I arrived in St Andrews after an 8-hour flight from Orlando and then a 4-hour train trip from Manchester Airport. Shortly after checking into the Best Western Scores Hotel, I decided to walk down to the starter to scout things out for my next two days in town. If you want to play St Andrews, as a single, the process is simple. Wake up in the early morning hours and head down to the starter to get a place in line. If you get your place in line early enough you will usually end up getting out at some point during the day. Saturdays at the Old Course are typically the best day because there is no 48 hour advance ballot. This means more potential openings for walk ups.
I spent about 15 minutes talking to some of the staff members in the starter area and was told that there might be an opening in the last slot of the day but there was no guarantee to finish in full light. I was told to check back around 3-4 pm and they could give me a better idea if this was a realistic possibility. I was tired from the overnight flight and subsequent 4-hour train trip but this was a no brainer. Plus, this would allow me to avoid having to wake up at 2 am the next two mornings to camp out at the starters shack with hopes of getting out at some point in the day.
After having a nice lunch at the Dunvegan Hotel I went back to the hotel, put my golf clothes on, grabbed my clubs and headed back to the starter to see if it was my lucky day. I hovered around for 20 minutes before getting the word that I was going to be able to make it out in a two ball in the last tee-time of the day, 18:00. I was fully aware this meant that I would probably not be able to finish before dark but no way was I going to miss this opportunity. It might never come around again even with two more days in town.
The first tee at St Andrews is the most intimidating in all of golf. There are always dozens of people watching from what feels like all sides, tourists, golfers, and even local residents come out to watch golfers tee off on the first hole. It is not as busy in the late afternoon hours as it can typically get mid-morning or right after lunch time but nevertheless there had to be at least a dozen people watching when I took my first swing. Even with the pressure, I somehow managed to nail a 3-wood right down the center of the fairway and we were off and running. There is no better stroll in golf than the one off of the first tee at St Andrews. It is an absolutely surreal experience. Words cannot describe the feeling you get when you walk down the first fairway at the Old Course.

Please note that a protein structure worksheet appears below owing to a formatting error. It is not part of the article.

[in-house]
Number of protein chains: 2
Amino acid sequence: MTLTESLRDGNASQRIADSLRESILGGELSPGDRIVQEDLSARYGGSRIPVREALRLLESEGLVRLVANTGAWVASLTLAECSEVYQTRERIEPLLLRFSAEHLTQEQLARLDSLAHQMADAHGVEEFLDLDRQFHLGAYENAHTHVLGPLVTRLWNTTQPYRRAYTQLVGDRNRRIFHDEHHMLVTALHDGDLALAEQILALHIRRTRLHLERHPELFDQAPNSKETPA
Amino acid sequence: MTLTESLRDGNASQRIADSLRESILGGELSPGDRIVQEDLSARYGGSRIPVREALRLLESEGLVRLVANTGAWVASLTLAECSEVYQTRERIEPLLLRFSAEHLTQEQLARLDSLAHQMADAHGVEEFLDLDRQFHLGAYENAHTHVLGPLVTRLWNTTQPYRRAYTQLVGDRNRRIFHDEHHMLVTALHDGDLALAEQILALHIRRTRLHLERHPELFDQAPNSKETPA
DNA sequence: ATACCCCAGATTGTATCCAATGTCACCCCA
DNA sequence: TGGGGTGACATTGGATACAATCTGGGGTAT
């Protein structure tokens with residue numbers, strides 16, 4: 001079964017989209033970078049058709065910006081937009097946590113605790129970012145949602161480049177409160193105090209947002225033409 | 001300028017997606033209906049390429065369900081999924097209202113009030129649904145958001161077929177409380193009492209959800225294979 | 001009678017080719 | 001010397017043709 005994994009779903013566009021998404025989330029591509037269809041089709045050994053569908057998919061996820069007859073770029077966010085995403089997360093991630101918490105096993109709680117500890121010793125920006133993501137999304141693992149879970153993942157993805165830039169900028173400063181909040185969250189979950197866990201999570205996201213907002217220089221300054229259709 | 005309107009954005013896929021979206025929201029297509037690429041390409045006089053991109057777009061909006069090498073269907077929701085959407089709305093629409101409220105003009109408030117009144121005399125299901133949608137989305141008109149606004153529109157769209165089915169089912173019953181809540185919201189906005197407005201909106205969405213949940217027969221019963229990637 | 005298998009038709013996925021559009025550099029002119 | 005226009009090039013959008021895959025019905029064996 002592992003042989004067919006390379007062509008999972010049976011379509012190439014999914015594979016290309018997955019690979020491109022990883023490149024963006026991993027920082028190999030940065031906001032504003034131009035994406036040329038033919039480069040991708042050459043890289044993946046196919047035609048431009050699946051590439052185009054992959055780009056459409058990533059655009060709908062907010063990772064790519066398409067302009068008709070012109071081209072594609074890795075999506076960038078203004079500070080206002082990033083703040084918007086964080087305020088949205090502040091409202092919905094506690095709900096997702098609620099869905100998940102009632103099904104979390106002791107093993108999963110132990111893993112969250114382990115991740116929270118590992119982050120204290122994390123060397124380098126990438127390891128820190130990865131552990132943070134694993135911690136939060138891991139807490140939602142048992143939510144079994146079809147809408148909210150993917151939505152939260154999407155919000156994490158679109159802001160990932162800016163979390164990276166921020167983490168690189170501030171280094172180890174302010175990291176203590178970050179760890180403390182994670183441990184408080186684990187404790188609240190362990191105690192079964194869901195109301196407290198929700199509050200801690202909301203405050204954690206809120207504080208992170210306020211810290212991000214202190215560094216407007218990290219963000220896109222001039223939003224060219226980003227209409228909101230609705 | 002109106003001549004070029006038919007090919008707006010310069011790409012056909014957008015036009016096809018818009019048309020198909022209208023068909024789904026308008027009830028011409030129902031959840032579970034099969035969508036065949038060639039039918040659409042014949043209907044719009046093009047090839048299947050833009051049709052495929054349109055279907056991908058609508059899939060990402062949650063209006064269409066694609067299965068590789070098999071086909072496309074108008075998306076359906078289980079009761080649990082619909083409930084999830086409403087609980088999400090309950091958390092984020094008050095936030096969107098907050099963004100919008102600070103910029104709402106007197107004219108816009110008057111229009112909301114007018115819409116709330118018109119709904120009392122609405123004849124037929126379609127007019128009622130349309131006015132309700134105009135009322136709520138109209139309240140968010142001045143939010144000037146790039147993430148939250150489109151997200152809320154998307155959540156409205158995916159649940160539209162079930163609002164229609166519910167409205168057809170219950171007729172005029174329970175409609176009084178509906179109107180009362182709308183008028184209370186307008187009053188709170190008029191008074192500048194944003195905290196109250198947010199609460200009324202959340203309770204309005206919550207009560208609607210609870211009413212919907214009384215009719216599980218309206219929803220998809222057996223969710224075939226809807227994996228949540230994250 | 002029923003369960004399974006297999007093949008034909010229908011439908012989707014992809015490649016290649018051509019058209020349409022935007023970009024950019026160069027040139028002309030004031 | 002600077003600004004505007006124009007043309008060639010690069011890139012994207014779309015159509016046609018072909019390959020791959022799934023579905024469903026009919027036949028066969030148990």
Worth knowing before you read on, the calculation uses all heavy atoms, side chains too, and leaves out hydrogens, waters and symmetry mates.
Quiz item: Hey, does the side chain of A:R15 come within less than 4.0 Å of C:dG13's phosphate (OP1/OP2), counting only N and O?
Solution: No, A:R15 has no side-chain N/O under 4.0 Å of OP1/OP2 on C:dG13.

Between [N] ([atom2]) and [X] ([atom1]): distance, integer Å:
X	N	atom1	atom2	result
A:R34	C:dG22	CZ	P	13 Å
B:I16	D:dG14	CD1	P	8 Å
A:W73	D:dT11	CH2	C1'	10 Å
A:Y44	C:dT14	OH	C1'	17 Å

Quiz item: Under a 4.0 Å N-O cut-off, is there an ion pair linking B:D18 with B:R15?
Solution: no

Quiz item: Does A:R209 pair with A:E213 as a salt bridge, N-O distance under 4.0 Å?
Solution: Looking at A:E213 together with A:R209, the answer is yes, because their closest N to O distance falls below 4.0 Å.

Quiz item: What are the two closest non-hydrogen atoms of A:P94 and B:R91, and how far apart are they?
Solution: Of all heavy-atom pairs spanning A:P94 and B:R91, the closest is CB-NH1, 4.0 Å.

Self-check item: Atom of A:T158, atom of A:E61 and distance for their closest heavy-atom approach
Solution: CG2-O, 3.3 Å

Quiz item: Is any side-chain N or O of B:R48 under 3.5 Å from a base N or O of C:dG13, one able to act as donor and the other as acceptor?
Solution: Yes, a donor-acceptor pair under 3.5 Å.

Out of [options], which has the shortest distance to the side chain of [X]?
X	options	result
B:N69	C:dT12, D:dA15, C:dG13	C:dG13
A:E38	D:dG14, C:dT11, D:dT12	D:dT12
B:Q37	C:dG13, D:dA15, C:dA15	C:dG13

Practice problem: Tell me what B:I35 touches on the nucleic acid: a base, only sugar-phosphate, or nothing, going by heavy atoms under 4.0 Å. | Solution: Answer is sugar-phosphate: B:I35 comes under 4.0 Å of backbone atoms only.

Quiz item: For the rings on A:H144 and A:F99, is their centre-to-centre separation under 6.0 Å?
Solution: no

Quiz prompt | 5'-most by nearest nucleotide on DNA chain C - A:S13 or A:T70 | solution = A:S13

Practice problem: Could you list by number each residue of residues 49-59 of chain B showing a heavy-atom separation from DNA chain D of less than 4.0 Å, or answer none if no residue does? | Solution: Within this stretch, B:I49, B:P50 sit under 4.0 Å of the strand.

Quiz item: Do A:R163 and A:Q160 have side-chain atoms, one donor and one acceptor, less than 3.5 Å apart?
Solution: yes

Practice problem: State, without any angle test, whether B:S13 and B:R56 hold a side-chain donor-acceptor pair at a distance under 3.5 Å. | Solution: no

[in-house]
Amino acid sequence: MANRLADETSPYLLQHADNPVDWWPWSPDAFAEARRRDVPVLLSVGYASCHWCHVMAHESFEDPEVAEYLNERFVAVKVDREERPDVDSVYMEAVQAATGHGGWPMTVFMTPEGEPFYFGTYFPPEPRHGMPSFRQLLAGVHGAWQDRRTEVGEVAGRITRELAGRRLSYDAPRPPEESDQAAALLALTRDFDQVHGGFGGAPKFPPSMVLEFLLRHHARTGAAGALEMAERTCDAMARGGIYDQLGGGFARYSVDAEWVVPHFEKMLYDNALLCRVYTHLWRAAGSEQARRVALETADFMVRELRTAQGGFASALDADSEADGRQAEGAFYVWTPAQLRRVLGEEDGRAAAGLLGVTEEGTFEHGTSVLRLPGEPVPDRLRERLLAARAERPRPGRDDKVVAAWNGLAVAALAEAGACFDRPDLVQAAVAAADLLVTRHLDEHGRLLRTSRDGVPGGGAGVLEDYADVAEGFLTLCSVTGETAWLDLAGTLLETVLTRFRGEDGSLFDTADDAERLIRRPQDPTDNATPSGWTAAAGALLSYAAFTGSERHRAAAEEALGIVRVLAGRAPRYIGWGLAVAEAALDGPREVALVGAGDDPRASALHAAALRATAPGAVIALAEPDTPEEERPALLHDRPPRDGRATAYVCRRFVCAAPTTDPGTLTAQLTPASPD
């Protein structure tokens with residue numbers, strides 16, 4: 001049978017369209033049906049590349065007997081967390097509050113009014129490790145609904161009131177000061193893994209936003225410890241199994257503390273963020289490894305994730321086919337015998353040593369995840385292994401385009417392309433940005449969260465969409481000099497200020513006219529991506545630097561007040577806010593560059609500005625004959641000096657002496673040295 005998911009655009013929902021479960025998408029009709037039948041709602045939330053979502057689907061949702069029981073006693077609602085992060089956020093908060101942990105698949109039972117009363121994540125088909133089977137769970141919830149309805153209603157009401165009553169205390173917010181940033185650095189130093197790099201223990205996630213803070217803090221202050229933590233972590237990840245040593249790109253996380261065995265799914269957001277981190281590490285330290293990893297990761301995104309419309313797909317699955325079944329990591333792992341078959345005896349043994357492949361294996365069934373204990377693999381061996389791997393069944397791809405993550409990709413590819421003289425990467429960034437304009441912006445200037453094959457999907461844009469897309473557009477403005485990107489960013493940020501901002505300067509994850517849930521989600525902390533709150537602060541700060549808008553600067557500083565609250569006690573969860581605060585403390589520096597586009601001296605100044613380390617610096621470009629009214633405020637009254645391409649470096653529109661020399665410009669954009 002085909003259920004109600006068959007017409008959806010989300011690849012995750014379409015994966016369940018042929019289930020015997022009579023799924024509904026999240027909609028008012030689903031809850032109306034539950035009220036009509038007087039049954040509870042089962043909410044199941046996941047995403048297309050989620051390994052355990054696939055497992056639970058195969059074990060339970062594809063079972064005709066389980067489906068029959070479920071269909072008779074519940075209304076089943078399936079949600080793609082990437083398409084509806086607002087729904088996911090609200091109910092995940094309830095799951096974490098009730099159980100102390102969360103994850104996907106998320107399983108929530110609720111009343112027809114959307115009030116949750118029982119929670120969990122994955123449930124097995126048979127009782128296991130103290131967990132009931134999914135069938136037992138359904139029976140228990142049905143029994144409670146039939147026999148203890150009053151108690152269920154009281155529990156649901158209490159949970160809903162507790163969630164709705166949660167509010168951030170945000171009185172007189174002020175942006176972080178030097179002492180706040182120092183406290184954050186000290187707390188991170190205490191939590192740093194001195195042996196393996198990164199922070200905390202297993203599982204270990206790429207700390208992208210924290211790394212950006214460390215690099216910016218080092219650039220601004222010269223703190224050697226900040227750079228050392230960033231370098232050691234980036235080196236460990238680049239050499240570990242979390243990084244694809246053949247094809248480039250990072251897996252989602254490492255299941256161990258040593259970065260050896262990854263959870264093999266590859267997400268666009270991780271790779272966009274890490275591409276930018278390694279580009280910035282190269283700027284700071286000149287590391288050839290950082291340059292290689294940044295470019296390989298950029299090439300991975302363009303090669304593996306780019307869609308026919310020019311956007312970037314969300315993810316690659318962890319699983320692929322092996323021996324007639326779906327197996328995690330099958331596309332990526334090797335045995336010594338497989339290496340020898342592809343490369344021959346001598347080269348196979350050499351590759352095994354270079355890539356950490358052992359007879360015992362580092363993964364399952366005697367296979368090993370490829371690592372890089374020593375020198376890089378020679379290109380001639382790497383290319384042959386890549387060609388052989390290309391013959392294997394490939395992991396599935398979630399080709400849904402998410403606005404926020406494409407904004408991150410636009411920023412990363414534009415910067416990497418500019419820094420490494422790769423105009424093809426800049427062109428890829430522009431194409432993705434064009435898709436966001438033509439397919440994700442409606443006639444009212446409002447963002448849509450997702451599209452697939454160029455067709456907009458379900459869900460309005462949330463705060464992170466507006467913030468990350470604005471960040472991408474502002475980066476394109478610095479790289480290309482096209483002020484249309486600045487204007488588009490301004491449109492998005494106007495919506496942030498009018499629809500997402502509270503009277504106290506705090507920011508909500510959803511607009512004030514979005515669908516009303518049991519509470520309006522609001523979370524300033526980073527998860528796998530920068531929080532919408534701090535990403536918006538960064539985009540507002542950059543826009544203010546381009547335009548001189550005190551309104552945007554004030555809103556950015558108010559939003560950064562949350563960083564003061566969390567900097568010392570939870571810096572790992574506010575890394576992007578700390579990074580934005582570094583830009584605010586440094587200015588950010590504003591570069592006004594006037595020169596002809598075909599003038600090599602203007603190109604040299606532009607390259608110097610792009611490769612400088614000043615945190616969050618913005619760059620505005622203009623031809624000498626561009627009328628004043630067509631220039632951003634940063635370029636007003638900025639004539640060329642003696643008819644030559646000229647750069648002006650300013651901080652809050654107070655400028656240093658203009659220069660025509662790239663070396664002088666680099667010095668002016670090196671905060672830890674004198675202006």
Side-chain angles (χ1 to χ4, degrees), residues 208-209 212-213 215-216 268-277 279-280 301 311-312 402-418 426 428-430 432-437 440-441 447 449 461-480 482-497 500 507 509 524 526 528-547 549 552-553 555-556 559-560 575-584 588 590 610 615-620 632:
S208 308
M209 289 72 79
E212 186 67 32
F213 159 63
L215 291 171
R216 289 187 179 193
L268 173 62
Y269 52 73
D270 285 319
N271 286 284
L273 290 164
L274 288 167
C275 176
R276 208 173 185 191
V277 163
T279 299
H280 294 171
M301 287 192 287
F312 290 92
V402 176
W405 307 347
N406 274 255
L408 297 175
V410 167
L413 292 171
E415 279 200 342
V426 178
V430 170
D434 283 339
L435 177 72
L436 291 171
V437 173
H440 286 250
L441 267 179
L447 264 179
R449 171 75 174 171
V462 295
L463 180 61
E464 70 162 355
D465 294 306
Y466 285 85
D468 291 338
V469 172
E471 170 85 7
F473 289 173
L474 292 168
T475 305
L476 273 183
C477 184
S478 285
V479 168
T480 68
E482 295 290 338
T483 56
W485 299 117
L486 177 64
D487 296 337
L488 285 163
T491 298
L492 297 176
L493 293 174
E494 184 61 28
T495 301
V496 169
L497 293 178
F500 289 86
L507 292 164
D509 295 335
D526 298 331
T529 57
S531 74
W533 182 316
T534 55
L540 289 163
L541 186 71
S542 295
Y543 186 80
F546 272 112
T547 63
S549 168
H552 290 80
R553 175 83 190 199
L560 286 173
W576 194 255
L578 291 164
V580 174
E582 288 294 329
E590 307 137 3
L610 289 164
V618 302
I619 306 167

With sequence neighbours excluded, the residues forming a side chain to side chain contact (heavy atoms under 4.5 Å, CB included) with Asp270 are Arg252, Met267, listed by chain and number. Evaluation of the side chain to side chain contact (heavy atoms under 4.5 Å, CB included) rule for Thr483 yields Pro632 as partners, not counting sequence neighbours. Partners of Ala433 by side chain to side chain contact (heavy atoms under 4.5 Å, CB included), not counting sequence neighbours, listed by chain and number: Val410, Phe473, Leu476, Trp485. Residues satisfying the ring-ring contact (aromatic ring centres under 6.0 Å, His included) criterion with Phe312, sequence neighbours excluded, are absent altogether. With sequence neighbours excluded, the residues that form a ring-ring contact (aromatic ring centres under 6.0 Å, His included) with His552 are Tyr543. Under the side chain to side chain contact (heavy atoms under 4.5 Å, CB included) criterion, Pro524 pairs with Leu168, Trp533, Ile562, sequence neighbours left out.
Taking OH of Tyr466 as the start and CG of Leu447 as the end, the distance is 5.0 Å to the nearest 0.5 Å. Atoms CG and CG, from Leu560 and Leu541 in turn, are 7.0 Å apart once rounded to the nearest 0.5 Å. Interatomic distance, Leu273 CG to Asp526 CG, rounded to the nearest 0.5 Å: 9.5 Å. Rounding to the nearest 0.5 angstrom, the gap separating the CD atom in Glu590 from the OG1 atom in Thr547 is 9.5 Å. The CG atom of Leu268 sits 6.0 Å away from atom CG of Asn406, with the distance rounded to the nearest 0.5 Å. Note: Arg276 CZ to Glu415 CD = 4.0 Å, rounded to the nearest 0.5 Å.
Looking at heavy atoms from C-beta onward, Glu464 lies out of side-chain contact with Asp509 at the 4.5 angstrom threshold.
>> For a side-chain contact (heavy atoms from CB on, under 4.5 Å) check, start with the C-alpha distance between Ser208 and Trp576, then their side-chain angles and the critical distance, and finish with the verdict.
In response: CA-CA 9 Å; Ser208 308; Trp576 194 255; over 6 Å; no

The Old Course at St Andrews
The Old Course is not a difficult layout from tee to green unless conditions are bad. The greens at St Andrews are what set it apart from most other links courses in Scotland. The undulations and the size of the greens at the Old Course require incredible skill and touch around the hole. After the breathtaking first hole, the layout of the Old Course isn’t that exciting until you reach the back nine. The 7th hole is a fun par, 4, 8-10 are nothing to write home about, and 11-14 provide a fun four-hole table setter to when things really get exciting starting on the 15th hole. 15-18 are when the blood really starts pumping on the Old Course. To me, it is the greatest 4 hole stretch in the game of golf. The 15th green, the precision needed on 16, the famous road hole and then walking down the 18th hole over the Swilken Bridge.
I spent most of the back nine playing a little quicker than I would have preferred but we were so concerned with being able to play 17 and 18, in some visibility, that we had no choice but to play fast. Even though we played at a quicker pace than desired, we still ended up finding ourselves playing the famous final two holes in near dark conditions. If it wasn’t for the lights coming from the Old Course Hotel on 17 and the brighter lights of the town of St. Andrews on 18, we would never have been able to finish. I will still never forget the experience of strolling down 18 at 10:30 pm with only the glow of St. Andrews providing the little bit of light to be able to play. I managed to hit a perfect drive on 18 and then flushed my second shot onto the right side of the green in near pitch black conditions with only the city of St Andrews offering a glimmer of light. I two putted and finished the 18th hole with a par. It capped off what was probably the greatest round of golf I have played in my life.
From a design perspective, The Old Course is not the best course in Scotland, in fact it is probably not in the top five, but what set St Andrews apart from every course in the world are the history, setting, and multiple famous holes. I will never forget the memory of walking over the Swilken Bridge and up the 18th hole with my dad. St Andrews has many incredible aspects that stand out and if you are fortunate enough to be able to play the Old Course it will leave a lasting memory that will be with you forever.